Is Labour set to abolish fees and introduce a graduate tax?

John Rentoul
ed miliband getty 300x225 Is Labour set to abolish fees and introduce a graduate tax?

(Getty Images)

I wonder if this, asked by George Eaton of the New Statesman two days ago, will turn out to be a Question To Which The Answer Is No.

There was a reason why Gordon Brown and then Nick Clegg failed to come up with a workable plan for a graduate tax: it is a bad idea.

But it is hard to explain why it is a bad idea because tuition fees seem such an unattractive idea too, and anything that appears to offers another way is invested with the mythical quality of otherness shared in the old days by communism and in the new days by Swedish social democracy.

A graduate tax is still a bad idea, and Ed Miliband would be foolish to adopt it. Emran Mian, director of the Social Market Foundation who worked as a civil servant on the design of the current tuition fee system, explains why in a brilliantly clear article in Times Higher Education:

The primary reason to reject a graduate tax is that it replaces the finite and time-limited “‘debt burden” of tuition fee loans with a tax burden that is unlimited both in terms of the total amount due and the period over which it is to be paid. I have always struggled to understand why this would be better for students. Wouldn’t most graduates prefer a time-limited repayment of a fixed amount?

Advocates of a graduate tax might respond that it is possible to create a tax that doesn’t last for life, or that caps total payments – but then we’re talking about something more like repaying a loan. Using the word “tax” is then a purely rhetorical gesture – and a strange one at that. …

Ultimately, the priority for advocates of a graduate tax is probably to reduce marketisation in higher education. …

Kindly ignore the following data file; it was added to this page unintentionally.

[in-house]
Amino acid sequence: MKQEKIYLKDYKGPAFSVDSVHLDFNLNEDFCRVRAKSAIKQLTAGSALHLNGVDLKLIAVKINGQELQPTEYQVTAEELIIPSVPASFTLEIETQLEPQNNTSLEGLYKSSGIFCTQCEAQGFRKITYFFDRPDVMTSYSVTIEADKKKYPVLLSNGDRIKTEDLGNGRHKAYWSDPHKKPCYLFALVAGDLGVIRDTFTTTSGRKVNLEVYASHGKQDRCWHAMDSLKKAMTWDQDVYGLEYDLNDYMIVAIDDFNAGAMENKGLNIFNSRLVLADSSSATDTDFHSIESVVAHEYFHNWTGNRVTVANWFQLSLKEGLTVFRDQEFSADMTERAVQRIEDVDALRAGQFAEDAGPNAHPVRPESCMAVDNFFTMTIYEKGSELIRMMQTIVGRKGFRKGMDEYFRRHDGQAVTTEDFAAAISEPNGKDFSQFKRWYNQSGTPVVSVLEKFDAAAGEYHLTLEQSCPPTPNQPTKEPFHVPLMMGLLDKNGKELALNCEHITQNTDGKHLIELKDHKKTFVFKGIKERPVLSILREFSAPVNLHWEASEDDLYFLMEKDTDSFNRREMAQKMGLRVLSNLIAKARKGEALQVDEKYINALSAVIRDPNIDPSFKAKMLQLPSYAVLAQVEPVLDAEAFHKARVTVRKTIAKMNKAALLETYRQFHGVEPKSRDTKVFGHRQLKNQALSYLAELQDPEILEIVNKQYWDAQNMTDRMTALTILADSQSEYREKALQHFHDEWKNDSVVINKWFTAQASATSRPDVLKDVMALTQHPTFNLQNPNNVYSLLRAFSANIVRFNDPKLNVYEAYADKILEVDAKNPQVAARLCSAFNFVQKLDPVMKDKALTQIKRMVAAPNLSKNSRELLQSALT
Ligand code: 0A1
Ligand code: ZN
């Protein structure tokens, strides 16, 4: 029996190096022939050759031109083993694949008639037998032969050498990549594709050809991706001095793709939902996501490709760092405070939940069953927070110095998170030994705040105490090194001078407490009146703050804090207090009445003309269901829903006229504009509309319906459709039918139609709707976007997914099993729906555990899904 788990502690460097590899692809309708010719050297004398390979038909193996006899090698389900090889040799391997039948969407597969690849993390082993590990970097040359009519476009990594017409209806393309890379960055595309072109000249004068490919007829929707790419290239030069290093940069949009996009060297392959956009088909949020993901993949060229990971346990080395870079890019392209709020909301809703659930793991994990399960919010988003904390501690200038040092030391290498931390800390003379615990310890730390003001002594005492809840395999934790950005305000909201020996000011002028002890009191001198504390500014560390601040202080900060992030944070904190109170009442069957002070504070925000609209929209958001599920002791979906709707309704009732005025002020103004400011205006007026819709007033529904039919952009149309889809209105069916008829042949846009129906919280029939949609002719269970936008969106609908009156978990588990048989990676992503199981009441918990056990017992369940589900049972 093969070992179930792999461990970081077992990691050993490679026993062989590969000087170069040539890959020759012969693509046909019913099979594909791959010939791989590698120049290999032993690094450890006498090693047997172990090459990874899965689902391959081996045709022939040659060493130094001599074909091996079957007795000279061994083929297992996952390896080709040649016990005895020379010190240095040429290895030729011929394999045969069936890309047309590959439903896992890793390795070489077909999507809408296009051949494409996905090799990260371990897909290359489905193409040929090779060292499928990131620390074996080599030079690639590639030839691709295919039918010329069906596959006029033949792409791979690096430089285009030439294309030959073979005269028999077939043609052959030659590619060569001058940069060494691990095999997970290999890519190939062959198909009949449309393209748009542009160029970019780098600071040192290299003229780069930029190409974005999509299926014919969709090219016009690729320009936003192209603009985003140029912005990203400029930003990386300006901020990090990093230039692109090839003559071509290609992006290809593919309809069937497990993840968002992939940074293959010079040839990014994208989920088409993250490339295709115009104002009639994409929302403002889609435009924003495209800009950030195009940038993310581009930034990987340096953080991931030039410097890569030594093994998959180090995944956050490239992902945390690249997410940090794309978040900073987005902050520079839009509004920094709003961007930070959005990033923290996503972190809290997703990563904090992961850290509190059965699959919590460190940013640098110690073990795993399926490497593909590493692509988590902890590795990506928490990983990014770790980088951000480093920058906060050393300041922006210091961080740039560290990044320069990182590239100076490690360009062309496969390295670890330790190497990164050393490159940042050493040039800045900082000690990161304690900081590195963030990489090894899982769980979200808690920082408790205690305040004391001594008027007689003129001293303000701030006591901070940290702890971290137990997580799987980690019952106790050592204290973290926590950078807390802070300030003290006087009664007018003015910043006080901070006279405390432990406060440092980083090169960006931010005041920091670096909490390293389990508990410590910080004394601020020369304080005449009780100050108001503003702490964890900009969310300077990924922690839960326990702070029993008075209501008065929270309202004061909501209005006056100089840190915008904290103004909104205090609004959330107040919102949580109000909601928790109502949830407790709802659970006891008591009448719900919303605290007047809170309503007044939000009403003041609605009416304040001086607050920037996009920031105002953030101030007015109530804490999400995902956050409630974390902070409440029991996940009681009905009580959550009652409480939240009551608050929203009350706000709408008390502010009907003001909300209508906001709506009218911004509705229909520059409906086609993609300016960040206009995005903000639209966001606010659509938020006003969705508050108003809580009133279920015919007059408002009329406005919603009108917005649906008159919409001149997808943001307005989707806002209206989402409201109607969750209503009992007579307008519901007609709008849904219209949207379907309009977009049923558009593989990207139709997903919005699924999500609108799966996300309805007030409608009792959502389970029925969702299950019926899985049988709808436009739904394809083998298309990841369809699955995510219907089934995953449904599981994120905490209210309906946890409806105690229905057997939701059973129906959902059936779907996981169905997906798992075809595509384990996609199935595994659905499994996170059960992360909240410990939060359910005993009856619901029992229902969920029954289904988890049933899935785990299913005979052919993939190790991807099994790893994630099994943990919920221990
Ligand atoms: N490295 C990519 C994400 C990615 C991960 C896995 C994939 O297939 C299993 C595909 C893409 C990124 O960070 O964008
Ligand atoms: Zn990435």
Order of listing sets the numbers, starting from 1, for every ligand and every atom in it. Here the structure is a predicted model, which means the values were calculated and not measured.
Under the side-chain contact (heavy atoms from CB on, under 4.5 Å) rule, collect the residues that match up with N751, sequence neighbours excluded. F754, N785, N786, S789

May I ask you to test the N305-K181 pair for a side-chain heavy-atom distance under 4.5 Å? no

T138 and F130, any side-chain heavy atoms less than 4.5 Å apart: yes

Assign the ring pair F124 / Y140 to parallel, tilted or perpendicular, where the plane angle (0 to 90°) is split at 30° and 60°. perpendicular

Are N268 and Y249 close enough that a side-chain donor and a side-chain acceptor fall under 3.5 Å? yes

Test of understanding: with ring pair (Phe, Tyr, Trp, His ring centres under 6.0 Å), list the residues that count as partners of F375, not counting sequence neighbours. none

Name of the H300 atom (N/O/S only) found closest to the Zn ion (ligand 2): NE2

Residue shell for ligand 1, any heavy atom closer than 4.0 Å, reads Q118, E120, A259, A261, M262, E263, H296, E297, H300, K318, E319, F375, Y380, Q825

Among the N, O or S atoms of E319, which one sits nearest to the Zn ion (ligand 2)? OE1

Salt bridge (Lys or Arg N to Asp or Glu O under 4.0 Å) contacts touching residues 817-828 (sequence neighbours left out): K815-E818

Under a graduate tax regime, choices about what courses to back with funding would be made by central government … That might work out OK, but advocates of a graduate tax who care about the value of the public university should ask themselves this: is it likely that the government, over the course of several years and changes of administration, will continue to back a non-utilitarian idea of higher education? Or would the values of public education be more likely to be defended by students voting with their feet? Personally, I would back the students.

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  • Ciaran Goggins

    Yes, all those poor saps with degrees in “Meejah” from Chichester “University” will never reach the £21,000 threshold to start repaying. Burger King wages are a disgrace n’est pas? Oh and John at least Euan, Prescott Jnr, Straw Jnr and Kinnock Jnr can walk into safe seats. Love to Luciana, Mwah!

  • Pacificweather

    Did you get a grant John?

  • Russell Child

    There is an even better solution. Free Higher Education for all. Just like I and many others enjoyed up until relatively recently. It is entirely affordable. We just need to choose to spend our tax revenues in different ways and to implement a progressive taxation system fairly and rigorously.

  • TBP

    But universities have been government-funded for years and years. Fee and loan repayments are essentially part of the tax system anyway.

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